George Duke Dies of CLL and None of his Fans Knew of the Battle until his Obituary
"Jazz, funk and soul keyboard maestro George Duke (pictured) passed away at the age of 67. The musician reportedly battled chronic lymphocytic leukemia, according to his record label, Concord Music Group." says a score of press releases.
I am sadden by the loss of this great musician at a relatively young age, and I send my condolences to his friends and his family.
This is the first I heard that he had CLL. I totally respect his decision not to share his struggles.
"He was battling and being treated for chronic lymphocytic leukemia (CLL)." is the only clue we have.
Was his end a complication of his treatment? The press release hints at that. Or maybe not.
I wonder what therapies he accessed? Was a clinical trial part of his path? Did he try any of the new small molecules or mAbs? Was he cared for by a CLL expert?
We will never know.
When I hear, again and again of a TV or music or movie star who dies of CLL, I really do respect and understand their decision to hide their disease from their fans, and often I am sure from most of their colleagues. Might lose work if someone knew that you had cancer and the entertainment and many other business are very competitive and very phobic about any illness. And besides, it's about the art, not the cancer.
Many hide CLL simply because they can.
Most therapies are outpatient. Surgery is almost never indicated (maybe a rare lymph node biopsy or a splenectomy for intractable AIHA or ITP). We don't generally lose our hair or drastically drop our weight or even look much like a cancer patient is "supposed to look."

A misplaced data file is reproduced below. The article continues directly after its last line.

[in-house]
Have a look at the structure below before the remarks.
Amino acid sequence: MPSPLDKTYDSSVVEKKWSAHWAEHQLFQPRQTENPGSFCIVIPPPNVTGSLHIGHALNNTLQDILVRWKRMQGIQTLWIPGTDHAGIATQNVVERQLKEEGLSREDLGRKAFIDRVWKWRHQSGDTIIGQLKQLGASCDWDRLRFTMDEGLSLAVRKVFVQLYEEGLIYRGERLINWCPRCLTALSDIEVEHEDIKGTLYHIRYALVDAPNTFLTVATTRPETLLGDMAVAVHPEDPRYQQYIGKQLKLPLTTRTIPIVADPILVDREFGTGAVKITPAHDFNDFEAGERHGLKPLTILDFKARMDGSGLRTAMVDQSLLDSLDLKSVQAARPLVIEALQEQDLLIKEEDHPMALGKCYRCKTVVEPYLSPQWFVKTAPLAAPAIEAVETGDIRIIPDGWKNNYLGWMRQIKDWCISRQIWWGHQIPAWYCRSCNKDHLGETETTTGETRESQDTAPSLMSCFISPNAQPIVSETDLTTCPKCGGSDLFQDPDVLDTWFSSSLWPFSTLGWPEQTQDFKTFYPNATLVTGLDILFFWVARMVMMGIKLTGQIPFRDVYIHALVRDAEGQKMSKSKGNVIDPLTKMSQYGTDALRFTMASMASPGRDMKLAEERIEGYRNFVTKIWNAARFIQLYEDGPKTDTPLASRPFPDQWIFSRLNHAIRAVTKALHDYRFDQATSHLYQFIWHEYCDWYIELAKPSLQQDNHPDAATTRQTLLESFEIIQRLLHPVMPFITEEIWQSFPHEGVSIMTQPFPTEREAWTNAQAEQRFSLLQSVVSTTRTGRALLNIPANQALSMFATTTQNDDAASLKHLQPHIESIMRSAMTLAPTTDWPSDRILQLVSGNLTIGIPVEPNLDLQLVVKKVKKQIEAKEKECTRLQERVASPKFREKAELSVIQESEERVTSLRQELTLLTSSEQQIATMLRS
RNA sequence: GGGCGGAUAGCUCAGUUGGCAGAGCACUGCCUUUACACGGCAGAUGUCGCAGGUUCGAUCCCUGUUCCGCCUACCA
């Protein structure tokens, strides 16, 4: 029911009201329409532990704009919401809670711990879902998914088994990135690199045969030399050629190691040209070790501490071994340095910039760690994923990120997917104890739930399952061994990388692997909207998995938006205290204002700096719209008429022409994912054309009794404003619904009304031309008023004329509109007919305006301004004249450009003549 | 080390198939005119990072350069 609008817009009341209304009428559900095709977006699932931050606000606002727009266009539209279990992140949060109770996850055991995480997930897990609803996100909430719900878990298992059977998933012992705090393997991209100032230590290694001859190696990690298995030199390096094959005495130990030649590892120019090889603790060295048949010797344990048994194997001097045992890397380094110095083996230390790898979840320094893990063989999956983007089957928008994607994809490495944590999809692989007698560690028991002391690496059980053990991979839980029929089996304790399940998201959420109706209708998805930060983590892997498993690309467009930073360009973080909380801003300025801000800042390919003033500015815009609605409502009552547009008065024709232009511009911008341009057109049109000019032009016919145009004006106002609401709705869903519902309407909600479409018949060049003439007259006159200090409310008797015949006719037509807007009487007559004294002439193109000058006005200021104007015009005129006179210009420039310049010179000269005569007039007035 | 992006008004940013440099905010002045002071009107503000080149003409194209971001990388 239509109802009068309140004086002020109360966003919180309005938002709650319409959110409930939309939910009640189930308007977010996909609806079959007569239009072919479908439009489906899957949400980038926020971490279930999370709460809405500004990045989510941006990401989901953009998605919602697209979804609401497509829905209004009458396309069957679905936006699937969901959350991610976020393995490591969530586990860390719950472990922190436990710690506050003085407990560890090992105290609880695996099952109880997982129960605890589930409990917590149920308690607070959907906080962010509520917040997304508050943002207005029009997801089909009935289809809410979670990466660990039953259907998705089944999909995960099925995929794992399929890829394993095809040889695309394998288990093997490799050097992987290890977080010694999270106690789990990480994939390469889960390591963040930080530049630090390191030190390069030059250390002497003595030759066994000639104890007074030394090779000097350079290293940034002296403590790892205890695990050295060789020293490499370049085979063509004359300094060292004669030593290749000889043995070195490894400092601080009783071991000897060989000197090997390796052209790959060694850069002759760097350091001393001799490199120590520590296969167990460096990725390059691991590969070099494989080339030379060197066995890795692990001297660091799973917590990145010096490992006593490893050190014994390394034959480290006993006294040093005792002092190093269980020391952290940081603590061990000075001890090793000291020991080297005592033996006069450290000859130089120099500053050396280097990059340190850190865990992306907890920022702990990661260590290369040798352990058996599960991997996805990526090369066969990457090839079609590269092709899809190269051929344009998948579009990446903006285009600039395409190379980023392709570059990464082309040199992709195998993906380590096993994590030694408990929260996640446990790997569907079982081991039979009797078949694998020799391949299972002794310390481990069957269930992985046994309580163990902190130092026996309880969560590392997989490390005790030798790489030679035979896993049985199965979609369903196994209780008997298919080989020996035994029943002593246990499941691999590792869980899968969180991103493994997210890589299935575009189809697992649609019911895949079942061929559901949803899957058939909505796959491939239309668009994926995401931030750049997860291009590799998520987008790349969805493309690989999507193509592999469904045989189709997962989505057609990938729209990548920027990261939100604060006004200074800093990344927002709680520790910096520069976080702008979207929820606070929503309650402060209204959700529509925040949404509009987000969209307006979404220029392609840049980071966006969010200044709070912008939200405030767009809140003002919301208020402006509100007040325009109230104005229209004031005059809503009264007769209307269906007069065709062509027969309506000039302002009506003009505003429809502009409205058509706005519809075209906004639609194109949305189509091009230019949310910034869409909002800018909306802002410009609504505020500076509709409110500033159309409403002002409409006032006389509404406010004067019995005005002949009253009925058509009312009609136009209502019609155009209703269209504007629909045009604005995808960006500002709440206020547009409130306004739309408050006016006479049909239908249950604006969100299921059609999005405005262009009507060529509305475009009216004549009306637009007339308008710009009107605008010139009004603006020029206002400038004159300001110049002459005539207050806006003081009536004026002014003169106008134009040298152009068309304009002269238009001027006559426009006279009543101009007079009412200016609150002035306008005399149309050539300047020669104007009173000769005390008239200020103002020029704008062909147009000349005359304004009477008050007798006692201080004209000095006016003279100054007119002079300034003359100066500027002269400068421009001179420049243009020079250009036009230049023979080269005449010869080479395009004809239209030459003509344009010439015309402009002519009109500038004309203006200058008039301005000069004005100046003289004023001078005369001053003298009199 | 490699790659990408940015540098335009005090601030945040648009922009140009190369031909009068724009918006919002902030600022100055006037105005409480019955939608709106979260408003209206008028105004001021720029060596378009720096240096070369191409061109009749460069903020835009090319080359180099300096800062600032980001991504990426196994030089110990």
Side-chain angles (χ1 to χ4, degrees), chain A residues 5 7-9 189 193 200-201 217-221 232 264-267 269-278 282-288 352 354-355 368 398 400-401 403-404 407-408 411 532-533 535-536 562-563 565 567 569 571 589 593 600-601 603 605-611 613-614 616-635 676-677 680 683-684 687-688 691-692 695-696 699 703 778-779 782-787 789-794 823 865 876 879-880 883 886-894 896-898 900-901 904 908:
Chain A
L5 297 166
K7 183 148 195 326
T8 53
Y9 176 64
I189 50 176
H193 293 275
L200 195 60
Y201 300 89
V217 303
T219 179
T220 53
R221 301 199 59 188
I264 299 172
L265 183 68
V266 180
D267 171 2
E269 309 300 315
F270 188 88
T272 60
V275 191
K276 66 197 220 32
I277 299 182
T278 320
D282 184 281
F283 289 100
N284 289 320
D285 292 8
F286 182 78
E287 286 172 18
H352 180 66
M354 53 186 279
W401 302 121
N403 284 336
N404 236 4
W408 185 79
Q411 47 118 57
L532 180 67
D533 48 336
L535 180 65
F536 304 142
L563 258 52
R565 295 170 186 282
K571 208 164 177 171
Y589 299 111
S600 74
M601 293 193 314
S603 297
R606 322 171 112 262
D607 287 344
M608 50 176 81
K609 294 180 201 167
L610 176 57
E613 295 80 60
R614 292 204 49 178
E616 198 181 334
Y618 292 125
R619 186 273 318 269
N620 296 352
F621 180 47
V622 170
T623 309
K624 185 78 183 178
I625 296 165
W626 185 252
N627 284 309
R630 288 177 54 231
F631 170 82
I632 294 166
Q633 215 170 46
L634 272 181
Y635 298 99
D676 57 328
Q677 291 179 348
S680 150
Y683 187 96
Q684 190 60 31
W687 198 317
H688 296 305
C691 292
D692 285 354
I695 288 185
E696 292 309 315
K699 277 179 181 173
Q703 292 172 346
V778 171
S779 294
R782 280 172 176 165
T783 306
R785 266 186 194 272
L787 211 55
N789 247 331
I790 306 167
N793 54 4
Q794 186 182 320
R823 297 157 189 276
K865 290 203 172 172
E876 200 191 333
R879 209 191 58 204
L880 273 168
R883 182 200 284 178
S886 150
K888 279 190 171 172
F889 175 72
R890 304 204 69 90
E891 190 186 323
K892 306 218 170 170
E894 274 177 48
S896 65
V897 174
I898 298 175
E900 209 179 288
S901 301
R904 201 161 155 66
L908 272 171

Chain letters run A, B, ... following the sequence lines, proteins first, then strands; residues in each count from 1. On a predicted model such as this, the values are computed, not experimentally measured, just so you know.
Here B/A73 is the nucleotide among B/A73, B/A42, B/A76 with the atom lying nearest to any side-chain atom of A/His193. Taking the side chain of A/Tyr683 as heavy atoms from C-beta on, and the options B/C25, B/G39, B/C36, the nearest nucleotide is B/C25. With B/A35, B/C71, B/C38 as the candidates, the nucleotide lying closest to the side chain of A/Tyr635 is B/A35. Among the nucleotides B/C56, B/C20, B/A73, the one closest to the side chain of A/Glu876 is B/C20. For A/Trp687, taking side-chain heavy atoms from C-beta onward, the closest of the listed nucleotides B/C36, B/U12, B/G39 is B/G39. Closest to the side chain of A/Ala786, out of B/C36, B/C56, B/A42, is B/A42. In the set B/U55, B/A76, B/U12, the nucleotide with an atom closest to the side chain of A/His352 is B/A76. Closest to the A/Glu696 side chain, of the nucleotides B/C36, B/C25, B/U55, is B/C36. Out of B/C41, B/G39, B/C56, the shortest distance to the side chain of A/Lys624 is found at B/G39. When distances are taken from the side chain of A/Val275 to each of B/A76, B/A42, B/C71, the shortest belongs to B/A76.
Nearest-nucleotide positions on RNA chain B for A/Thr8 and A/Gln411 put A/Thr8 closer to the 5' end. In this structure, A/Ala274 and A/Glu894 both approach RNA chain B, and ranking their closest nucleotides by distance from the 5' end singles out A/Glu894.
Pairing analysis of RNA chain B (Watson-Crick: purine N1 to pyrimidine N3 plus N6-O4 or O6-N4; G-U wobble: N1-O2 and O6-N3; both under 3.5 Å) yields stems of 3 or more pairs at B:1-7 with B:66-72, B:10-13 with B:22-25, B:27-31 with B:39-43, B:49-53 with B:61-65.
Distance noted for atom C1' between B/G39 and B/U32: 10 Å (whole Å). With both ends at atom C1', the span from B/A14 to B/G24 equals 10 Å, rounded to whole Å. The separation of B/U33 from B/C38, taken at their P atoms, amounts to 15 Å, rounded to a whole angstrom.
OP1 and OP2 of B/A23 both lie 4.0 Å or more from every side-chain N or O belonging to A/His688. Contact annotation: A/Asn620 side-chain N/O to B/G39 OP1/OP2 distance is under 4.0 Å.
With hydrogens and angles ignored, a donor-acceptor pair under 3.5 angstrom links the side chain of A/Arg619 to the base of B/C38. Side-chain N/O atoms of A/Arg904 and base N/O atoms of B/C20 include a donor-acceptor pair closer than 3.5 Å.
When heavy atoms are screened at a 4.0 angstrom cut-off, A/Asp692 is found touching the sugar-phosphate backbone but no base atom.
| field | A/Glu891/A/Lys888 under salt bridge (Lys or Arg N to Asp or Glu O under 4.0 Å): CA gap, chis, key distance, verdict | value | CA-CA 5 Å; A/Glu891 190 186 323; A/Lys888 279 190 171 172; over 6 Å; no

It is easy to hide CLL to very near the end.
And it is going to get easier and easier with the new oral drugs in the pipelines.
CLL as a non-event!
We are not quite there yet, but it may be becoming less and less of a visible and burdensome disease.
Easy to hide and getting easier.
But is it a good idea?
Hiding our CLL focuses our lives and our relationships on topics other than our cancer.
It forces us to compete in work and play without playing the "cancer card" for sympathy and a leg up.
We spare family and friends worry and concern that is often needless, especially if we have very indolent disease.
Those are all good things.
We miss the support and knowledge of others who might be able to help us and whom we might help by sharing out experience. It's a give and take that only comes from sharing our truths.
We don't expand the general awareness in the community of the gravity of the disease, the need for more research (and funding) for the promising new and improved treatments, and despite our best efforts, the human toll of our killer. We are competing for scare resources with much more visible and active cancer advocacy organizations.
We deny family and friends a chance to support and care for us.
We deny a part (but not nearly the whole) of who we are, when we don't share the raw truth of our illness.
Those are all bad things.
For each of us, we must decide whether to come out of the CLL closet.
Just as in treatment, there is no one size fits all in the world of CLL.
I understand and respect George's decision to play his cards close to the chest.
I have chosen to play mine in the public eye.